That date complicates matters in the District Court, which had set the potentially-webcast motion hearing for Feb. 24 and the trial date for March 30. Of course, the First Circuit's decision on the webcast order would be moot if the District Court proceeded with those dates. Recognizing that, the First Circuit stated:
We stay the district court's order of January 14, 2009 (already temporarily stayed by the district court) permitting narrowcasting, pending disposition of this mandamus petition or further order of this court, whichever first occurs. We recognize that a hearing is currently scheduled in the district court for February 24, 2009 and that trial is scheduled to commence on March 30, 2009. The district court may either stay its proceedings pending our decision on the petition or it may permit the presently scheduled hearing and/or other proceedings in the case to go forward, but without being narrowcast.
In other words, the First Circuit has told Judge Gertner: you may keep to your current schedule if you'd like, but you may not permit the webcast unless and until we tell you it's OK.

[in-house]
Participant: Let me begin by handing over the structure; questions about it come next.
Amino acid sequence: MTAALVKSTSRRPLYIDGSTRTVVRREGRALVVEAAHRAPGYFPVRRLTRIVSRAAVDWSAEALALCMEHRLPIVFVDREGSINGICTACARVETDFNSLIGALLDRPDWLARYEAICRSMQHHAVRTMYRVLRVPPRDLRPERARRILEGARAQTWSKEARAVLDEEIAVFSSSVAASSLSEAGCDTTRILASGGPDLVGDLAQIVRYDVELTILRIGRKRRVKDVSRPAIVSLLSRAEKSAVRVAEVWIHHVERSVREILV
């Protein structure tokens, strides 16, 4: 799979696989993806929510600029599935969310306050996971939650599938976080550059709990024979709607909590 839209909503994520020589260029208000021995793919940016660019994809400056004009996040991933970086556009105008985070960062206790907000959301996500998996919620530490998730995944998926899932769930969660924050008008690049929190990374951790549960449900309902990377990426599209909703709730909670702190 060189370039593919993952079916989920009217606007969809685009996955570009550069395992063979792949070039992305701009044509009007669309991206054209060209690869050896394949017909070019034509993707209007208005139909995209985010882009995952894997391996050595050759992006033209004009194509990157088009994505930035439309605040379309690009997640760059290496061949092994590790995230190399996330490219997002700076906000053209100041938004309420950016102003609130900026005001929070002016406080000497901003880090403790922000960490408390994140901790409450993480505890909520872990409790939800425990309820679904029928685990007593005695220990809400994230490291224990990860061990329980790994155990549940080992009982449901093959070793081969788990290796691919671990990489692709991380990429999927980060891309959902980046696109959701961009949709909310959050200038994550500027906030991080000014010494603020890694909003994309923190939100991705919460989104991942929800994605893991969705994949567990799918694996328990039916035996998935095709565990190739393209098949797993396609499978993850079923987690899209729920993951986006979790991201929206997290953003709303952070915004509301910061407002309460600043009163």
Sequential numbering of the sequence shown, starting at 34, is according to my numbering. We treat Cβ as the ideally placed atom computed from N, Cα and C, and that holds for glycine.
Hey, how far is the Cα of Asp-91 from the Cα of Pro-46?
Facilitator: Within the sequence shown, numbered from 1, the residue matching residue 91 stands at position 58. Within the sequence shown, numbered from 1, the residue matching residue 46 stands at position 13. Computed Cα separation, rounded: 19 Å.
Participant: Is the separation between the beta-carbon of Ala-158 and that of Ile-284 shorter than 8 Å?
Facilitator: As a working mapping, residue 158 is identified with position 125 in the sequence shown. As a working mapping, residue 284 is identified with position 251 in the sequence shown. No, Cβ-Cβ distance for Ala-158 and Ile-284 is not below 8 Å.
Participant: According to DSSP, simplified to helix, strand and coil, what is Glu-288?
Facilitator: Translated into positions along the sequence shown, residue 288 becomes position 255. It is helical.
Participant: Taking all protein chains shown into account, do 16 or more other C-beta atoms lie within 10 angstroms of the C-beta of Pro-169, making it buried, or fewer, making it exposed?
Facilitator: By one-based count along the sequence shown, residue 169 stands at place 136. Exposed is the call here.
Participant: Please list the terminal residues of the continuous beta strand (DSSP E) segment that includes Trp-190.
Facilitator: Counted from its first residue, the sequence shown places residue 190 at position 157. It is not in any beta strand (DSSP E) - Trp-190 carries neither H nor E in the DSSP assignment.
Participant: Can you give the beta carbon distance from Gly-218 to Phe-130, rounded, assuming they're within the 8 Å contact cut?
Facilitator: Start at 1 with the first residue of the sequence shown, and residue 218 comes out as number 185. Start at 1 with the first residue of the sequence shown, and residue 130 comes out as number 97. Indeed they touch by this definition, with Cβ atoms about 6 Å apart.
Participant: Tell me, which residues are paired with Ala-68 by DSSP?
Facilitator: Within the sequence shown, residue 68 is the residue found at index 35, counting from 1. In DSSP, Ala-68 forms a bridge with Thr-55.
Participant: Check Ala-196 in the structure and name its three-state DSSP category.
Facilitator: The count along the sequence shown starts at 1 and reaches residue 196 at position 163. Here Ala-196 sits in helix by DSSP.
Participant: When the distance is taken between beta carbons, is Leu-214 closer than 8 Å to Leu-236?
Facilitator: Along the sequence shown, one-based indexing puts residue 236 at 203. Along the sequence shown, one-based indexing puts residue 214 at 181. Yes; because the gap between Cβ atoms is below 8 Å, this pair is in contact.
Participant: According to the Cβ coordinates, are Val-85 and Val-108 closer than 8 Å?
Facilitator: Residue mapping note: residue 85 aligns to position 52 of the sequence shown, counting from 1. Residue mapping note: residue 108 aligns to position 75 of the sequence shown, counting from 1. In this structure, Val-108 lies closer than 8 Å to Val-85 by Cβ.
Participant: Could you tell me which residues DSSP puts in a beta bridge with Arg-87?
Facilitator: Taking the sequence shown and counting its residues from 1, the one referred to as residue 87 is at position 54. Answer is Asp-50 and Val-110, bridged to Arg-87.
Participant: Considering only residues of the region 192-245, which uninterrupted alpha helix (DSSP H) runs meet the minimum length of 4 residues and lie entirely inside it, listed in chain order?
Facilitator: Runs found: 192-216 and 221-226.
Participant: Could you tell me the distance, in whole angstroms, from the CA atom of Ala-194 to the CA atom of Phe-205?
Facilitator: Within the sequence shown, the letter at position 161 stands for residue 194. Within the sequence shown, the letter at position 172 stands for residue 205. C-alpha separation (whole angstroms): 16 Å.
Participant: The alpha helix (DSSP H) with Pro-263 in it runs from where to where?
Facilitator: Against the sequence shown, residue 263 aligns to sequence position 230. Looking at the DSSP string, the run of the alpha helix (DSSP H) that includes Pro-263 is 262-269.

I may be reading too much into this procedural order, but it does not strike me as particularly good news for those of us who favor the webcast. It seems to me that the First Circuit thinks there is at least some reasonable chance that it will overturn Judge Gertner's webcast order, and it doesn't want her to proceed with the webcast before it has the chance to stop it in its tracks. The interesting question is whether Judge Gertner will now stick to her schedule, or push it back for several months, all over the webcast issue. While I do favor the webcast, I must concede that it's an ancillary issue, and that the Court's primary focus should be on resolving the substantive legal issues at hand. The worst that can happen is that the oral argument proceeds in an open courtroom, where anyone is allowed to attend, only with no webcast -- in other words, exactly like every other hearing in federal court. Not exactly what I want, but not the end of the world, either.
(Recording Industry vs. The People characterizes the First Circuit's order as a stay of "proceedings," but that's not right. The First Circuit merely stayed the District Court's webcast order, the proceedings may...proceed; it's just that they can't be webcast unless and until the court of appeals gives its go-ahead.)